Mayor de Blasio voiced righteous thoughts Wednesday over Derek Chauvin’s conviction and demanded greater police accountability — even as city lawyers push a Manhattan judge to throw out an inquiry into Eric Garner’s 2014 death at the hands of an NYPD officer.
“All over the country, there was a sense of relief that justice was finally done. But it’s not enough,” Hizzoner said of the conviction. “George Floyd’s not here; he should be here.”
He went on to call for broad changes to the criminal justice system.
Just a day earlier, city lawyers asked a Manhattan judge to dismiss an inquiry into government officials’ role in the chokehold death of Garner, as well as what his family described as a subsequent coverup.
The inquiry will begin in mid-July, anyway, under instructions from state Supreme Court Justice Erika Edwards, and de Blasio and former NYPD Commissioner James O’Neill may be asked to testify.
The mayor suggested Wednesday there was nothing hypocritical about talking big about police reform in the wake of Chauvin’s conviction while city lawyers fight the Garner inquiry. He argued justice has already been done in the latter case, pointing to the firing of Daniel Pantaleo from the NYPD for choking Garner.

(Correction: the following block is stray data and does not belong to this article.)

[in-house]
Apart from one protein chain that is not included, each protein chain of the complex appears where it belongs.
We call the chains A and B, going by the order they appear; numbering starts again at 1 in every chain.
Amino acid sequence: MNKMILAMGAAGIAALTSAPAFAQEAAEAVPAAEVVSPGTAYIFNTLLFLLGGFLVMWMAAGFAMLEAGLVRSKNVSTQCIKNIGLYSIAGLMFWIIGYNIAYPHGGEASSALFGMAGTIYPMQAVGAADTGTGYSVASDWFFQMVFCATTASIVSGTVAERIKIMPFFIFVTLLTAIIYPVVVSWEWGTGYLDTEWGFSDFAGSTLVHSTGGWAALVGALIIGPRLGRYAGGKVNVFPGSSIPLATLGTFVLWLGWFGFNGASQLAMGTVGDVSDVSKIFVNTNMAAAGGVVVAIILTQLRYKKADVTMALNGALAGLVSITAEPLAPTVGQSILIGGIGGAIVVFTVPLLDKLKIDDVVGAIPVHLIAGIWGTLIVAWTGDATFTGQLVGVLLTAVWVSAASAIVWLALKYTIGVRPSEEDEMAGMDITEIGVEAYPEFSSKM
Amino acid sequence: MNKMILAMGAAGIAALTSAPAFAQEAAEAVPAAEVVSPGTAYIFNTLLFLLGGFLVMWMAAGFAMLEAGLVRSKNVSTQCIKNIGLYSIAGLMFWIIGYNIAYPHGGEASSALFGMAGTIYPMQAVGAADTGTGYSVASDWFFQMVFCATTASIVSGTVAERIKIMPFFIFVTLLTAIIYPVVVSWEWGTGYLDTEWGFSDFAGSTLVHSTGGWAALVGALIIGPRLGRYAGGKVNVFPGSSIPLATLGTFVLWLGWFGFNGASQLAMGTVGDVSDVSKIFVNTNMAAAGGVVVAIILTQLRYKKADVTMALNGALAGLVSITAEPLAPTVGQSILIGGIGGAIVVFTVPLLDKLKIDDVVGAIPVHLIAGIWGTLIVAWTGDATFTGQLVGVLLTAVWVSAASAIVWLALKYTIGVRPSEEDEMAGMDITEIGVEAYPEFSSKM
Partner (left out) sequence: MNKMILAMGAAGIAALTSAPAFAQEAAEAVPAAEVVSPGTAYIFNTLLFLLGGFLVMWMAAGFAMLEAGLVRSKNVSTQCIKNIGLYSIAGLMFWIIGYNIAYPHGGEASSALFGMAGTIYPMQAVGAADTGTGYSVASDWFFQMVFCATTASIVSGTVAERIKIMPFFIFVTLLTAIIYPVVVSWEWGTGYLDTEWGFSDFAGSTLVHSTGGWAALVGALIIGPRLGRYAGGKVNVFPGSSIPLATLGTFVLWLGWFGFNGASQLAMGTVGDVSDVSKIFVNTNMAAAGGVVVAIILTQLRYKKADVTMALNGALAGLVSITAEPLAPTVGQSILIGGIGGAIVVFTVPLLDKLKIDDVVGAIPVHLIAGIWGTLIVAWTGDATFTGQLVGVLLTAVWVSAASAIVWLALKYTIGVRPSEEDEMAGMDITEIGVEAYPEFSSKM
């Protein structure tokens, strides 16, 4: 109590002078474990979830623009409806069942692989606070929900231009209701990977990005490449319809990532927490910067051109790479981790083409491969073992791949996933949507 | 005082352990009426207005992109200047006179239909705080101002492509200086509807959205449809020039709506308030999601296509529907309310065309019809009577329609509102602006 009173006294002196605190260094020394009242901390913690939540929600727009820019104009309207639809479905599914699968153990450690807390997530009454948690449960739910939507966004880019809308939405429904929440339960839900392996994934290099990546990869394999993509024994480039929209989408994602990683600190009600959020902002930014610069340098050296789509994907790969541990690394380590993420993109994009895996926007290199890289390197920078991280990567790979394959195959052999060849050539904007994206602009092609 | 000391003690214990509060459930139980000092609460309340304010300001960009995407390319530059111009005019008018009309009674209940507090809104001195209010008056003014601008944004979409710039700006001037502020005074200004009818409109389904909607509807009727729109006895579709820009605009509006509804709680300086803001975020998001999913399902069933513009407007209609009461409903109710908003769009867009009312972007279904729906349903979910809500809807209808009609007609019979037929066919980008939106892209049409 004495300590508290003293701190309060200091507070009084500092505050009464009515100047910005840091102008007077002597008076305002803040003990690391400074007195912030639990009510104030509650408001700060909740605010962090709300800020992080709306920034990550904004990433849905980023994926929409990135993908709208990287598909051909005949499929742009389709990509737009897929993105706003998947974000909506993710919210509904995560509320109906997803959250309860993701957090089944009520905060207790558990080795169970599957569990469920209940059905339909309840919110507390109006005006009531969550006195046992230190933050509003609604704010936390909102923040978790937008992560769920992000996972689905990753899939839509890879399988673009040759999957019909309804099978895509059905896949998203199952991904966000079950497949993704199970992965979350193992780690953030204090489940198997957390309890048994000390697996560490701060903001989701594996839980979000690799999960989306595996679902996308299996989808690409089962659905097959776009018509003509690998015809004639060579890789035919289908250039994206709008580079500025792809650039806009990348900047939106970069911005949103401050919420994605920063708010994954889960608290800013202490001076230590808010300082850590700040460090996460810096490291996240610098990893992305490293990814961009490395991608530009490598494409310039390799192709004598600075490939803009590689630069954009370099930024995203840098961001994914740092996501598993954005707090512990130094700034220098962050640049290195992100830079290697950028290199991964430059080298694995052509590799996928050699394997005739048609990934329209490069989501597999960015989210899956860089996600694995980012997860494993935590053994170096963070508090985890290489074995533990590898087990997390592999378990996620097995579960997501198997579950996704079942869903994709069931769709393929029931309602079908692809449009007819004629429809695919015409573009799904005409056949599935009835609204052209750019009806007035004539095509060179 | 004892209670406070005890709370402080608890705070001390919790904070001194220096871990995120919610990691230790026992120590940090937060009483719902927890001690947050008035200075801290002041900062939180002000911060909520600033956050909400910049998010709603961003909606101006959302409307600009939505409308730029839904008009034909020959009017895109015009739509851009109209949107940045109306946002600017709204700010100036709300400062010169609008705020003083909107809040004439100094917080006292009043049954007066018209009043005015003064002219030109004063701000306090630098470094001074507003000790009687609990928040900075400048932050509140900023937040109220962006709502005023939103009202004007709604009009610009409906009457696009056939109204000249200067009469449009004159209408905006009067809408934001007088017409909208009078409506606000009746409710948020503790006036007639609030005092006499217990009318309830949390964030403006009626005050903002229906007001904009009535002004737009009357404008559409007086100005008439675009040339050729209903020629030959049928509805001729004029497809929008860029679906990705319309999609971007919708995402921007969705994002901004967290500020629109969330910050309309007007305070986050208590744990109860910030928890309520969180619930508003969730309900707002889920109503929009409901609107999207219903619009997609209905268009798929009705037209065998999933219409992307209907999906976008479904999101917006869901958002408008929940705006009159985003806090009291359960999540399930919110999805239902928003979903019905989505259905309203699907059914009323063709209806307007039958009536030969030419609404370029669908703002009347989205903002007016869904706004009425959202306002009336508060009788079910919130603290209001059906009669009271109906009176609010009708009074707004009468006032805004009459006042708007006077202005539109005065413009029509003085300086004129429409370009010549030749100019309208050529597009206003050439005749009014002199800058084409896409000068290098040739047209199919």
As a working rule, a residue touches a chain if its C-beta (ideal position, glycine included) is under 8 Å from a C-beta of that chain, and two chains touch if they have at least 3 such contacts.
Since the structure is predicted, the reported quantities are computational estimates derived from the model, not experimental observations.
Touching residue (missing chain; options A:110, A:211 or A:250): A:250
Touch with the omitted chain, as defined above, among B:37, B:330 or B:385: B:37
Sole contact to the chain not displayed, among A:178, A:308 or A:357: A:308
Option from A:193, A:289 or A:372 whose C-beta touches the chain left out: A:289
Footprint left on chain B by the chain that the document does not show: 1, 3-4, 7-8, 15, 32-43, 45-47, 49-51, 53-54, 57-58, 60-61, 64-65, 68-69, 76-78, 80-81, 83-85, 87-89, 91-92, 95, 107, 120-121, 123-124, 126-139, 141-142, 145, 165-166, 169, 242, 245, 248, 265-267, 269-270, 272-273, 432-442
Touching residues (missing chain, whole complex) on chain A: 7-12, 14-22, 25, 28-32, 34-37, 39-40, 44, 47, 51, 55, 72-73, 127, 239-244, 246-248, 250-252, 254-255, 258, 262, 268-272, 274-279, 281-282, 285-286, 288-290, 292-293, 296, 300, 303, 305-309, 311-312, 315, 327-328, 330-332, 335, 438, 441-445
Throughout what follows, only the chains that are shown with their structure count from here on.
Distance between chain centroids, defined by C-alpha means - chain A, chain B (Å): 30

“The fact that that accountability happened is what matters here,” de Blasio said. “It didn’t happen from the U.S. Justice Department, but it did happen here with the NYPD’s process.”
He also indicated he doesn’t want to testify.
“There are lawsuits and court actions hourly directed at the City of New York,” de Blasio said. “The Law Department’s very wise assumption is that it’s very, very rare, if ever, that a mayor gets involved in testimony.”
The mayor also moaned that he hasn’t gotten enough credit for police reforms to date. He recently championed bills making it easier to sue cops for misconduct, among other measures — the latest steps to address widespread criticism of the NYPD.
“I’m amazed that these big structural changes occur and they’re somehow hard for the … public discourse to take in,” he said.
“I hear from everyday people, they see the changes,” Hizzoner continued. “We got more to do, but this stuff moves the needle, there’s no question about it.”